Jimmy Priestly Robinson – Captain, United States Air Force

CAPT Jimmy P. Robinson, USAF MIA
November 1, 1952 Operation Ivy,
Enewetak, Marshall Islands
by Andi Wolos, AII POW-MIA

This photo was taken February 17, 1944 at Briggs Field, Texas, during B-24 Training. He was shot down over Romania, June 11th. He ripped his leg when he jumped out of the B-24. He was held as a POW June 11th – August 31, 1944. After being liberated, he was taken to Italy then in Hospital in Miami, Florida. September. 8th. – January 16,1945. He received a Purple Heart, and the Air Medal for that action. He was a First Lieutenant at the time. The Distinguished Flying Cross was awarded posthumously after Operation Ivy

Jimmy Robinson was a Pilot… and a Husband, a Father, an Officer and a Gentleman, an Ex-POW and then one day he went missing.

The case of Captain Jimmy Priestly Robinson is a unique one. A brave, wonderful man, Robinson was lost during the first H-bomb test, known as Operation Ivy, Mike Shot. The case is unique because Jimmy Robinson has never been accounted-for, even though his loss incident was witnessed. His remains have never been recovered, even though the U.S. Government knew exactly where he was lost. His family has received no answers, no effects, nothing, even though he was lost during one of the most witnessed, watched and studied events in our nation’s history. No agency, neither DPMO nor the USAF, the White House, or any other USG entity considers itself responsible with respect to providing the family with answers. Jimmy Robinson is simply “lost”… lost to time, lost to National Security and, most sadly, lost to official “bureaucracy.”

On November 1st, 1952, the first H-Bomb test, code-named Operation IVY, Mike Shot, was scheduled for detonation off the tiny atoll of Enewetak (Eniwetok), Marshall Islands. IVY was an atmospheric nuclear weapons test series held in the Atomic Energy Commission’s (AEC) Pacific Proving Ground. Joint Task Force 132 (JTF 132) was the organization that conducted the IVY test series. Elements of the four services, the AEC and other Federal government agencies, and civilians from government laboratory organizations and contractors made up this organization. 9,000 people were in the vicinity of Enewetak that day, Jimmy Robinson was part of TG 132.4.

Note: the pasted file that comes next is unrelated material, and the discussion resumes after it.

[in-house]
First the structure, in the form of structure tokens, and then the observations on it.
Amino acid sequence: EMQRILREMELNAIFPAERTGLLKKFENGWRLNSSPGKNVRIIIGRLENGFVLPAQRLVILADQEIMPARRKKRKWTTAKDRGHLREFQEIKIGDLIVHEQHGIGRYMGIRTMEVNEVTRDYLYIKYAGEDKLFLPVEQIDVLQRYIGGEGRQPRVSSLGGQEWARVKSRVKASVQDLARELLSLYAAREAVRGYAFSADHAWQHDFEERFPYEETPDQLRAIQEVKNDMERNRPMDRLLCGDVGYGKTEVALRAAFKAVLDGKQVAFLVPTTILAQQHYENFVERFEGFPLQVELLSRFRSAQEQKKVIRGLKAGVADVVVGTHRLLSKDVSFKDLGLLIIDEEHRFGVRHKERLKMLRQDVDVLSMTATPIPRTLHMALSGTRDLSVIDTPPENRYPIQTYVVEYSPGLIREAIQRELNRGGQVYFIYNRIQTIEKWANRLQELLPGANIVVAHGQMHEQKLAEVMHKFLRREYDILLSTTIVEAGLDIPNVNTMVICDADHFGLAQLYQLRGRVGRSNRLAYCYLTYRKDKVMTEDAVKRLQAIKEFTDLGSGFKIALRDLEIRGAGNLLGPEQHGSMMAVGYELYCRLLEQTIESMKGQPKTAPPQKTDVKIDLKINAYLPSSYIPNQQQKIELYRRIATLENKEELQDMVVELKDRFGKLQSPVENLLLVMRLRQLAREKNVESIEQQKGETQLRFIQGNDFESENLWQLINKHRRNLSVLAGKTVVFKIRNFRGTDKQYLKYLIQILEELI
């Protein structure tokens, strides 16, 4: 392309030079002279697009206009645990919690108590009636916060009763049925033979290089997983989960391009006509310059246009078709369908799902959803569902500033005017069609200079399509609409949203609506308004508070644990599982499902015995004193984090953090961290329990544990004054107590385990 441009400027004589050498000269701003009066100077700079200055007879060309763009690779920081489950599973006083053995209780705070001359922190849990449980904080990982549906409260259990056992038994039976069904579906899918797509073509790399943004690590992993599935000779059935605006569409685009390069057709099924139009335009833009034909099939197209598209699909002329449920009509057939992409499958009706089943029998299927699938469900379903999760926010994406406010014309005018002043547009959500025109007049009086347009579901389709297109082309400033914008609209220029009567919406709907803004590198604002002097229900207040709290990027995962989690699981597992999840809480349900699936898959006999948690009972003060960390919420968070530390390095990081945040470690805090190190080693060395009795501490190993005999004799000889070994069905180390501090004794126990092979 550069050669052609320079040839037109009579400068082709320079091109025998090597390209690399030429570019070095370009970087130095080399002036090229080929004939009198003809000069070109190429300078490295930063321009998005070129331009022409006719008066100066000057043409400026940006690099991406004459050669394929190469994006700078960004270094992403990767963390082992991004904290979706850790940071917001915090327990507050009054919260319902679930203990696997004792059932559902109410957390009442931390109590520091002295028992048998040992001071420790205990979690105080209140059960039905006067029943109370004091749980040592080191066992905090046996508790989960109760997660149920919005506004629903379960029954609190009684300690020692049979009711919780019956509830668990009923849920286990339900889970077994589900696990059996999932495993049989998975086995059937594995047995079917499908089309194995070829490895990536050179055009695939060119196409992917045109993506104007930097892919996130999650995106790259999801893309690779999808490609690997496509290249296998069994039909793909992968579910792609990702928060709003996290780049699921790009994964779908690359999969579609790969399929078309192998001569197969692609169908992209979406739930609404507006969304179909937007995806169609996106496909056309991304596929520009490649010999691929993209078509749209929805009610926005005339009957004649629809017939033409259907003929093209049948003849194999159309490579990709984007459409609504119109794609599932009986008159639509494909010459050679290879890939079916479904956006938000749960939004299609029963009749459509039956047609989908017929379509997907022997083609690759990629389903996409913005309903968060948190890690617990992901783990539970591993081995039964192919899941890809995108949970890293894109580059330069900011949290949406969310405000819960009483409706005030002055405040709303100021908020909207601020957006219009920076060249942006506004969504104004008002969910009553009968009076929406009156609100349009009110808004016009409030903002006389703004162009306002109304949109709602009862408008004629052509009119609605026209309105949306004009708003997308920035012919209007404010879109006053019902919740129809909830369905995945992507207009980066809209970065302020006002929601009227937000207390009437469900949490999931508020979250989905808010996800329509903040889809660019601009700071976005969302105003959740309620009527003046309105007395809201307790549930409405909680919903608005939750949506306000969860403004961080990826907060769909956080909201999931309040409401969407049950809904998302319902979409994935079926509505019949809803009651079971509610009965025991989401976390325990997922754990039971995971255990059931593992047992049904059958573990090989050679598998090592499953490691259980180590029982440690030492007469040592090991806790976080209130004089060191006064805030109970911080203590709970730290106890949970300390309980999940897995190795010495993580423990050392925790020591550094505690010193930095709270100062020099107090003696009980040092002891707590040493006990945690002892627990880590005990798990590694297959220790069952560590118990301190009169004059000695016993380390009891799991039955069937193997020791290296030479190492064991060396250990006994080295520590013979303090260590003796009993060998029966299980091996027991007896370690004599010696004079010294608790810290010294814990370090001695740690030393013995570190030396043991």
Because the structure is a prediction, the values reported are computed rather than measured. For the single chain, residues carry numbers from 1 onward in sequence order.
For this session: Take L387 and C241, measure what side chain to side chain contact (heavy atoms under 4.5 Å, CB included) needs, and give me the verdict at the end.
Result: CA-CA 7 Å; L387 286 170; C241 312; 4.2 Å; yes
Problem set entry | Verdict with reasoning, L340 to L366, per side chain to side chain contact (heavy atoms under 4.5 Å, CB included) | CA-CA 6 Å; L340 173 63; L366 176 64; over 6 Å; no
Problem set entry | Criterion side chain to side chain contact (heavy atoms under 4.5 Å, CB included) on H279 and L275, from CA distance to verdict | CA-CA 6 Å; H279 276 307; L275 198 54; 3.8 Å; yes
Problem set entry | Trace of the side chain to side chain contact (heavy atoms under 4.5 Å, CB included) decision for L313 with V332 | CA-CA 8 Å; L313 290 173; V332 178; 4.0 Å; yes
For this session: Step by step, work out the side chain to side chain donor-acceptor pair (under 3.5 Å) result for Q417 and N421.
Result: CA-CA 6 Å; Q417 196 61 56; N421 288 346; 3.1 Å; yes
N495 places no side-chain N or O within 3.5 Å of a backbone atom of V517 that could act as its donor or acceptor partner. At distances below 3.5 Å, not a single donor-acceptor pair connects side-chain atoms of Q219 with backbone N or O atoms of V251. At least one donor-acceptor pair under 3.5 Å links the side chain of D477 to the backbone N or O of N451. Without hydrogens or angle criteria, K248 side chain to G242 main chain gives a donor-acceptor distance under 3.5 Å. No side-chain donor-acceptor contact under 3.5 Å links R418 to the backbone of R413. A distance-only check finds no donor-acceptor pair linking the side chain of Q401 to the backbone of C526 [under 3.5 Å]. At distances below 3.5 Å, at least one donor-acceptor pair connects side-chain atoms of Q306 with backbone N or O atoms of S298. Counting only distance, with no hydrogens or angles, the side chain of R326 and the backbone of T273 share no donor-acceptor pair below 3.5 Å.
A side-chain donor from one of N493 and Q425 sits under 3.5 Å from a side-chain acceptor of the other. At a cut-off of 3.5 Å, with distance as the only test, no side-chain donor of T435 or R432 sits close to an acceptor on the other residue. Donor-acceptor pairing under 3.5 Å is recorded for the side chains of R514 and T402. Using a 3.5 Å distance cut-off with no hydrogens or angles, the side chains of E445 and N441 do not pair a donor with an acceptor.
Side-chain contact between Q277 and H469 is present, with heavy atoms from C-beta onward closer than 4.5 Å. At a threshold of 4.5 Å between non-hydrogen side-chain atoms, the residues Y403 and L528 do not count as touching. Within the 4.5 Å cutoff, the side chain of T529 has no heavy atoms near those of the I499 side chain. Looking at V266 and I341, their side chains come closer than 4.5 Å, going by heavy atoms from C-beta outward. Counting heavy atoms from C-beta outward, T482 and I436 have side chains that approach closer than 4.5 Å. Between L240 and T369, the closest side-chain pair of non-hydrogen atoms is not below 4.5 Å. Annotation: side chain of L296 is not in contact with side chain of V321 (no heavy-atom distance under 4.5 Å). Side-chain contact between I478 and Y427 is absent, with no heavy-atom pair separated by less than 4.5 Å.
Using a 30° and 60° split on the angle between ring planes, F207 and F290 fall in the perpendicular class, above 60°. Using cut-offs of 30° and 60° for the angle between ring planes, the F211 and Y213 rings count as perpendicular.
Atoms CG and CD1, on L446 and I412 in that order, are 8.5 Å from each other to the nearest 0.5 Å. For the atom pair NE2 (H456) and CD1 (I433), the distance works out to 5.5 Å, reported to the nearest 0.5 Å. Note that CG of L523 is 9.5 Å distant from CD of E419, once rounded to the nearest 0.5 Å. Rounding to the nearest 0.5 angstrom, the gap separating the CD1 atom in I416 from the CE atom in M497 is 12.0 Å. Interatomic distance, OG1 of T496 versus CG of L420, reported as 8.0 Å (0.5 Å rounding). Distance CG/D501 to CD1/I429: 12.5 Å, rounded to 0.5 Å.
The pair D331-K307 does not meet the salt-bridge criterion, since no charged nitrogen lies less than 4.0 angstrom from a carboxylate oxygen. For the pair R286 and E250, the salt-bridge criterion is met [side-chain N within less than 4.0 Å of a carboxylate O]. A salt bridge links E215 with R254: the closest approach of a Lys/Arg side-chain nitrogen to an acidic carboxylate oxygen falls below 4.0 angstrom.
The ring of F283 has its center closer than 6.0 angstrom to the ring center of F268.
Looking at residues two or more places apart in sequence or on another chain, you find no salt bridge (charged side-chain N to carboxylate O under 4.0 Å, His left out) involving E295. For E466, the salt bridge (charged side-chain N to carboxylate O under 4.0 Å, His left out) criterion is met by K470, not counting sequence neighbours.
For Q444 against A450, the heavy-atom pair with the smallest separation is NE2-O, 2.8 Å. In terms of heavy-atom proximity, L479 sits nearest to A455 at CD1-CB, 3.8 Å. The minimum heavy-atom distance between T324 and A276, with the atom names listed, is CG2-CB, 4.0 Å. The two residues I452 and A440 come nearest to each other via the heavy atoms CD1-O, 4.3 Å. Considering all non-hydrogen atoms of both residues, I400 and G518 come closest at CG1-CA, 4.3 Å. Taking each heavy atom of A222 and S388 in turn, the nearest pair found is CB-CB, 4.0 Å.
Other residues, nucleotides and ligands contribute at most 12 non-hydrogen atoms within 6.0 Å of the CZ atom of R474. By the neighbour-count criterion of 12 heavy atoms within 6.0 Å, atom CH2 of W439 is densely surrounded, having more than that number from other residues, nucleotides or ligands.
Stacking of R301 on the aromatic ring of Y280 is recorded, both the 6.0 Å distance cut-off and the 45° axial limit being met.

Robinson, an accomplished and war-tested pilot, was assigned to fly an F-84G-5 Cloud Sampler that day. His mission? To fly through the enormous mushroom cloud created by the H-Bomb detonation.

“The Shot, as witnessed aboard the various vessels at sea, is not easily described. Accompanied by a brilliant light, the heat wave was felt immediately at distances of thirty to thirty-five miles. The tremendous fireball, appearing on the horizon like the sun when half-risen, quickly expanded after a momentary hover time and appeared to be approximately a mile in diameter before the cloud-chamber effect and scud clouds partially obscured it from view. A very large cloud- chamber effect was visible shortly after the detonation and a tremendous conventional mushroom-shaped cloud soon appeared, seemingly balanced on a wide, dirty stem.